University Congregational Church
Feb. 26, 2017
“Making Space – Progressive Christian Convictions: The Journey of Faith”
Finding your spiritual journey is the pathway to discovering your life and your spirit. It is the doorway to knowing God. We are observers and participants in the changing of thoughts and ideas about life, death and everything in between.
I think that one spiritual activity each of us should do periodically is to map out our spiritual journey. You can do it on paper in a variety of different ways – with a chart format, or with sticky notes, or even as a collage. Across the bottom of the page, you can write your incremental ages from birth to the present. Use the axis on the side of the page to mark the spiritual experiences from high to low. And then begin filling in those experiences that formulated your beliefs. Both good and bad and everything in between that offered you perspective on what it is to be a person of faith.
Telling a friend or a spiritual guide – or even a spouse – the key aspects of the story of how we’ve connected with God or felt alone in the journey is important. It helps us to integrate our lives and open ourselves further to the work of God’s Spirit. It also enables us to be more helpful in our relationships and our everyday life.
If you haven’t done this before and are interested in seeing some examples, check out soulshepherding.org. If you’ve never done this you’d be surprised at the emotional healing and spiritual enlightenment it can facilitate! When you visually map out your spiritual journey on paper using a few key parameters then the jumbled parts become more orderly and the painful parts can open to grace.
All people have a spiritual path. This includes:
• People of faith
• People of each religious tradition, not only Christianity
• People who are agnostics and atheists
The spiritual path is an inward process of the joys and sorrows and the highs and lows of our souls. Our traditional word for today speaks to the journey of the soul: My brothers and sisters, whenever you face trials of any kind, consider it nothing but joy, because you know that the testing of your faith produces endurance; and let endurance have its full effect, so that you may be mature and complete, lacking in nothing. James 1:2-4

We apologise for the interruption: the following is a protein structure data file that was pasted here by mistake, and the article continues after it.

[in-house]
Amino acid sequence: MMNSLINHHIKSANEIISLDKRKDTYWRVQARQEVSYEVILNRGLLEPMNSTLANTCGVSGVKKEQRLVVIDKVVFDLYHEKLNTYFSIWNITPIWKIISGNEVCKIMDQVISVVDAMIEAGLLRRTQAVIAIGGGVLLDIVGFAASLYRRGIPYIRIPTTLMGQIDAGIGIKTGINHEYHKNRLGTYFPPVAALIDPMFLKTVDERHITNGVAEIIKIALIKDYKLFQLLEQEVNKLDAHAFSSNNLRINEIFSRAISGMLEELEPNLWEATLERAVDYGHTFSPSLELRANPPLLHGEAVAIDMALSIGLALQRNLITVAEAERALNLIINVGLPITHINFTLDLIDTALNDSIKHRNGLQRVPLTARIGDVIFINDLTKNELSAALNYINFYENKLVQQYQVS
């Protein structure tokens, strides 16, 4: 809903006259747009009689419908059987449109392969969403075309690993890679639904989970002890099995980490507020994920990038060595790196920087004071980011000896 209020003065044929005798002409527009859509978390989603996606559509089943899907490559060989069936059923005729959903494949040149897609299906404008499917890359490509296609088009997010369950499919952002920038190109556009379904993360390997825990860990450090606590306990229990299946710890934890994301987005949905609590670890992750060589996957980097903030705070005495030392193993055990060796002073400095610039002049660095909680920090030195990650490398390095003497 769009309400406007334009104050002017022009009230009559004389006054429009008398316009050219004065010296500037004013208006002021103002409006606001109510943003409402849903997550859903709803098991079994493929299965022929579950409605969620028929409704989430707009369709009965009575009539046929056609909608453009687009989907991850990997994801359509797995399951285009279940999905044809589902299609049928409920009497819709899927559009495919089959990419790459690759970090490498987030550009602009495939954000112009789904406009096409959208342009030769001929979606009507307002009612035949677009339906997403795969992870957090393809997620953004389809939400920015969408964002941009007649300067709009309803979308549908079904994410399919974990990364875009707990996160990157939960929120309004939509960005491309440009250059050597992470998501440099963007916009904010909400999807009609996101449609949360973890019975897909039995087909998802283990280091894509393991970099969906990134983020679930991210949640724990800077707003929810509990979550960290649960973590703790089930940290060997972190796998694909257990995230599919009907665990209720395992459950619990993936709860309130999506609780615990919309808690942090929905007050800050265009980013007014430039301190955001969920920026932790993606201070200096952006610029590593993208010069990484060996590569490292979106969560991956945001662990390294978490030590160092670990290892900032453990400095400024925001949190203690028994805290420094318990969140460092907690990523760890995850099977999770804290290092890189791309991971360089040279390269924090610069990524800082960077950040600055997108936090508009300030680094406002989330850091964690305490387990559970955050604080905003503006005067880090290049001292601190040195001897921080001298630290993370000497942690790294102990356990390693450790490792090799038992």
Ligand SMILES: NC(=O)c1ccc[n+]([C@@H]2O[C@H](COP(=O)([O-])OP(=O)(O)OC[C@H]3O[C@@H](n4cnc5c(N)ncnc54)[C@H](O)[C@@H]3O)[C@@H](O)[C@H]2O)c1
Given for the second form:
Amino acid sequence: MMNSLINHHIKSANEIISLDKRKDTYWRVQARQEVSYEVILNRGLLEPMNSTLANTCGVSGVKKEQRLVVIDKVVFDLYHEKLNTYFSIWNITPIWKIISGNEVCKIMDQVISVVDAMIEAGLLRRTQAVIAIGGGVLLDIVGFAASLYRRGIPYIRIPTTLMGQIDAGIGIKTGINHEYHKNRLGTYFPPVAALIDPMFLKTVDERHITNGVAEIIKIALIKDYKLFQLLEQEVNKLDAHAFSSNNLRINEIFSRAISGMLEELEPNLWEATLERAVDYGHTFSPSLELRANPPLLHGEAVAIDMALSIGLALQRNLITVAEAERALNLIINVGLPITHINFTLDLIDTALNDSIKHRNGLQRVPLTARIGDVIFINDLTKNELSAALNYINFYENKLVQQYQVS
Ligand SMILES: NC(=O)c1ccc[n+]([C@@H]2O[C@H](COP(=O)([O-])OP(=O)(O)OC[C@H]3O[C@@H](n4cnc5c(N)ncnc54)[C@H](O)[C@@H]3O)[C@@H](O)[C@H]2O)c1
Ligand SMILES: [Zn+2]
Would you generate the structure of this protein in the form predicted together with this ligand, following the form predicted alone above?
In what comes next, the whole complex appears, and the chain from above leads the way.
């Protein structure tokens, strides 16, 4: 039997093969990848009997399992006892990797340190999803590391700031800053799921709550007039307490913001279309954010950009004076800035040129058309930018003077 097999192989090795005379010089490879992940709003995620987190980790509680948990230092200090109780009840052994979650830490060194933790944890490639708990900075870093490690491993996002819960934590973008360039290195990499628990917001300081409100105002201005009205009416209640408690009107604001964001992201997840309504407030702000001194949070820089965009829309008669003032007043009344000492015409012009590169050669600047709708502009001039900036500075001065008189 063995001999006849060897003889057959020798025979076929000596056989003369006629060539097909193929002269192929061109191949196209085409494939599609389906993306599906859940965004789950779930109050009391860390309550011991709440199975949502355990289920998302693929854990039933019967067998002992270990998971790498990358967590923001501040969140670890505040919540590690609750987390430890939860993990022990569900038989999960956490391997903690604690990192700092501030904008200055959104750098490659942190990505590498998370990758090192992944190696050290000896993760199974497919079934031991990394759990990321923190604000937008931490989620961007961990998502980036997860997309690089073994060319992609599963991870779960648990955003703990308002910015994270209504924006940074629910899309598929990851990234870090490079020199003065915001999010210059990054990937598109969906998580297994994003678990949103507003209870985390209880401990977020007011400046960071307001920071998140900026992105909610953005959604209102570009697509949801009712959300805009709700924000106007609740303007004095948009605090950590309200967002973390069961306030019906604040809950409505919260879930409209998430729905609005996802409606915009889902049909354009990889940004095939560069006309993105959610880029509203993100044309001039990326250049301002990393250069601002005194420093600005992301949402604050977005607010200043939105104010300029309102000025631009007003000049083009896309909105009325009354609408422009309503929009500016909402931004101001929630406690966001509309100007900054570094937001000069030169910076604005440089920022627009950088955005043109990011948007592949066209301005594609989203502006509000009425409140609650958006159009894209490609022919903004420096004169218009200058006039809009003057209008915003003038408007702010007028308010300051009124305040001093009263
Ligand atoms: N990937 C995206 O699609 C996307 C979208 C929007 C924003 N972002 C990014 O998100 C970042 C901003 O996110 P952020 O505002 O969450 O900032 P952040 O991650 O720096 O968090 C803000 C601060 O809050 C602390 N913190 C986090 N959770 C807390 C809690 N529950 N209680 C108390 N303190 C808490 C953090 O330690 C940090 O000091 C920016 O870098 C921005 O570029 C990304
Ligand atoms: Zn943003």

One of the hardest things about all of the twists and turns of our lives is that it sometimes just feels so confusing and disorienting. It may seem that others are perfectly fine with where they are on the spiritual journey, relationship to church and God. At the same time, we can feel unsettled in our spirits, and can get insecure and sort of wonder “what’s wrong with us?”
In the book The Critical Journey: Stages in the Life of Faith by Janet Hagberg and Robert Guelich the spiritual journey is divided into 6 primary stages. None of these stages are bad or right or wrong or better than another. They are printed in your bulletin under the contemporary word:
1. recognition of God – starting to believe, there really is something bigger
than just me. This process can start when we are young and we may revisit this step as we age. It is the continual awakening within us that life is about more than self; that purpose and meaning come through relationship.
I loved watching our children go through these stages. Their awakening sense
of self and God was so fresh and new. Our son, Adam, who was 4 at the time, tried to comfort me at the death of a family member. As we were leaving the cemetery, he asked if I had seen Jesus there. “No,” I answered. “Did you see Jesus?” “Yes, mom! He was there across the field. He was wearing jeans and he was walking out of the cemetery on his way to heaven.” Adam saw with eyes I didn’t have and described out of the pureness of his heart a scene that was profoundly healing.
2. life of discipleship – beginning to learn more ABOUT God. For many, this
occurs in our families and our churches. We learn about all kinds of things on the school playground – including a spectrum from the birds and bee to God. But it happens on the school playground and late night conversations between friends too. We learn the “good, bad, and ugly” about faith, God, religion, and the church. We begin to sort out what we believe and what we don’t believe. Again, we can return to this stage many times in our lives as life experience and observation changes us.